“Legitimate interests is the most flexible lawful basis for processing,
but you cannot assume it will always be the most appropriate”
UK Information Commissioner’s Office
Let’s say you want to process personal data for a specific purpose and in this situation obtaining consent would be tricky or perhaps inappropriate.The activity isn’t covered by a contract, and certainly isn’t something which is in the individuals’ vital interests. This looks like a case of legitimate interests doesn’t it?
Just because you want to process personal data doesn’t mean you can – lawfully. Legitimate interests may be, in the words of the ICO “the most flexible lawful basis”, but the words “you cannot assume it will always be the most appropriate”, are equally important. You must make an assessment to balance your business interests with the interests and privacy rights of the people’s whose personal data you are processing. This will require some judgement: is your intended purpose really necessary and is it within the reasonable expectations of those whose personal data you are using?
If so we can move on to the ‘balancing test’. Now, we need to identify and evaluate the privacy rights of the individual and judge if these are affected by the intended processing. For example, people have a right to know how their data will be processed, so how will you inform them? Will you add additional information at the time of collection, or update your privacy notice? Will you enable them to object to this processing?
This balancing test must be conducted fairly, without biasing the scales in favour of your business interests. To ensure fairness, some people find it helpful to put themselves in someone else’s shoes. For example, consider whether your Dad (for instance) would expect this activity to be happening or maybe what your aunt would feel if she found out. Your business may think it’s legitimate, but would the people whose data is being used agree?
Some legitimate interests are fairly clear cut, for example processing for the prevention of fraud or for other strictly necessary reasons. But others require more careful thought and assessment.
What does GDPR say about Legitimate Interests?
Article 6 1(f) states:
‘processing is necessary for the purposes of the legitimate interests pursued by the controller or by a third party, except where such interests are overridden by the interests or fundamental rights and freedoms of the data subject which require protection of Personal Data, in particular where the data subject is a child.’
Also take care to read Recital 39 which explains the need for transparency and specifically Recital 47, which explains the requirements to take into consideration reasonable expectations, a relevant and appropriate relationship and the need for a careful assessment. This Recital is important for marketers, as it confirms that direct marketing may be considered to be a legitimate interest.
What makes a purpose legitimate?
Let’s run through the steps. To ensure you are compliantly relying on legitimate interests you need to conduct a 3-stage test; what we at the DPN and the ICO term a Legitimate Interests Assessment (LIA). The 3 core elements of the test are:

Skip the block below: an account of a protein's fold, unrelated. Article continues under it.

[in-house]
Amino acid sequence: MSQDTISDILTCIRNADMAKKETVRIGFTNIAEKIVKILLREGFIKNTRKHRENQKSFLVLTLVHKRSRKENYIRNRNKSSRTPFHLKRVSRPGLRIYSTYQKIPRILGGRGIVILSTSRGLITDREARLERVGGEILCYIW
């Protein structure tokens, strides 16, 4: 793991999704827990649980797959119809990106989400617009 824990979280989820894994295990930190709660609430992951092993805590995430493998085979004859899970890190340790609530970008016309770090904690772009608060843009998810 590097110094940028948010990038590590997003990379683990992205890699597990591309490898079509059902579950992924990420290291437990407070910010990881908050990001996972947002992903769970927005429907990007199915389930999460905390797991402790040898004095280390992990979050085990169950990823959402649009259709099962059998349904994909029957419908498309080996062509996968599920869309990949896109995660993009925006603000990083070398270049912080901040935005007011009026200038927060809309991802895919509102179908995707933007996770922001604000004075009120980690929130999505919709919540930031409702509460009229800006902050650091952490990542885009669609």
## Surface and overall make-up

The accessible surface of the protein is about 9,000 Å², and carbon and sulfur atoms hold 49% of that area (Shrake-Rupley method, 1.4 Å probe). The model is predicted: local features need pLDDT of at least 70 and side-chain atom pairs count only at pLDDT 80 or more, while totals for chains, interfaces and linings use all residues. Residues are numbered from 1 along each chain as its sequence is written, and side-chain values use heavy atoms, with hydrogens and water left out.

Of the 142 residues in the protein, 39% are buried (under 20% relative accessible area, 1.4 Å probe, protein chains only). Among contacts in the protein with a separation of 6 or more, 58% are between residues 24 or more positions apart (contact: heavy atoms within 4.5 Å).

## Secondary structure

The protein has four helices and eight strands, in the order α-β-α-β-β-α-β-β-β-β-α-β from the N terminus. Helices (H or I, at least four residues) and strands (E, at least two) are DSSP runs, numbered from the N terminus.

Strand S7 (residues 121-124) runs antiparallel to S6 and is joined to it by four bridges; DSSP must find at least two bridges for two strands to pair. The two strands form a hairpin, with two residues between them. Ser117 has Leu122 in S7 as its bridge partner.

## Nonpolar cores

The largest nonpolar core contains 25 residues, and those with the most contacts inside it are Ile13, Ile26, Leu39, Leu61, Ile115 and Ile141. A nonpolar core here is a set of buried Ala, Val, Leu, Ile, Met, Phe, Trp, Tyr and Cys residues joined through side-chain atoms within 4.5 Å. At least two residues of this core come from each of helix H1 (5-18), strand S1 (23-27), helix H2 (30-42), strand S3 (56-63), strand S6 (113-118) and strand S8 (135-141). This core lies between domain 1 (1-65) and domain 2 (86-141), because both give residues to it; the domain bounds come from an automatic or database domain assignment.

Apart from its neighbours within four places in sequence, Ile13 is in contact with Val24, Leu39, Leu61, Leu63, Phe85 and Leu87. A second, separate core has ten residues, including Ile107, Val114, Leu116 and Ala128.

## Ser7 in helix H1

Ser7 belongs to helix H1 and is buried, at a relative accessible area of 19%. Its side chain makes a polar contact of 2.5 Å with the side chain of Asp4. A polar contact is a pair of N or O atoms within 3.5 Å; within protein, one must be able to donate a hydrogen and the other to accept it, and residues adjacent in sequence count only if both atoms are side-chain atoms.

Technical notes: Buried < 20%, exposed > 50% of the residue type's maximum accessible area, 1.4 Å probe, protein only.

1. The assessment of whether a legitimate interest exists (i.e. the purpose is a legitimate one)
2. Confirming the processing is necessary (i.e. there’s no alternative way to achieve the result)
and last but by no means least….
3. The performance of a balancing test to decide if a particular processing operation can rely on legitimate interests.
Be careful not to try and overplay your business interests into this assessment or undermine the rights of individuals. You need to take a holistic approach and properly consider your relationship with the individuals whose data is being used, whether you are being transparent, whether you have enabled individual’s to exercise their lawful rights and that the processing would be within their reasonable expectations.
If your reliance on legitimate interests is challenged you will need to be able to demonstrate that you fully considered the necessity of the processing, balanced this and came to a decision that people’s interests and rights did not override your interests. Conducting and documenting LIAs will show you did this, but remember it is no guarantee your decision will be upheld. Legitimate interests may be the most flexible lawful basis but it is risk-based.
For more information, case studies and an LIA template please see our industry-led Legitimate Interests Guidance, which was first published in July 2017 and now features 30 examples of its use. The ICO has also published detailed guidance.
What next for legitimate interests?
We are still in the early months of GDPR and have only seen limited enforcement by supervisory authorities across Europe under this new law. Challenges are likely to have already been made surrounding legitimate interests, more will come, and any regulatory action in this area will be watched with avid interest.
Philippa Donn, January 2019
The information provided and the opinions expressed in this document represent the views of the Data Protection Network. They do not constitute legal advice and cannot be construed as offering comprehensive guidance on the EU General Data Protection Regulation (GDPR) or other statutory measures referred to.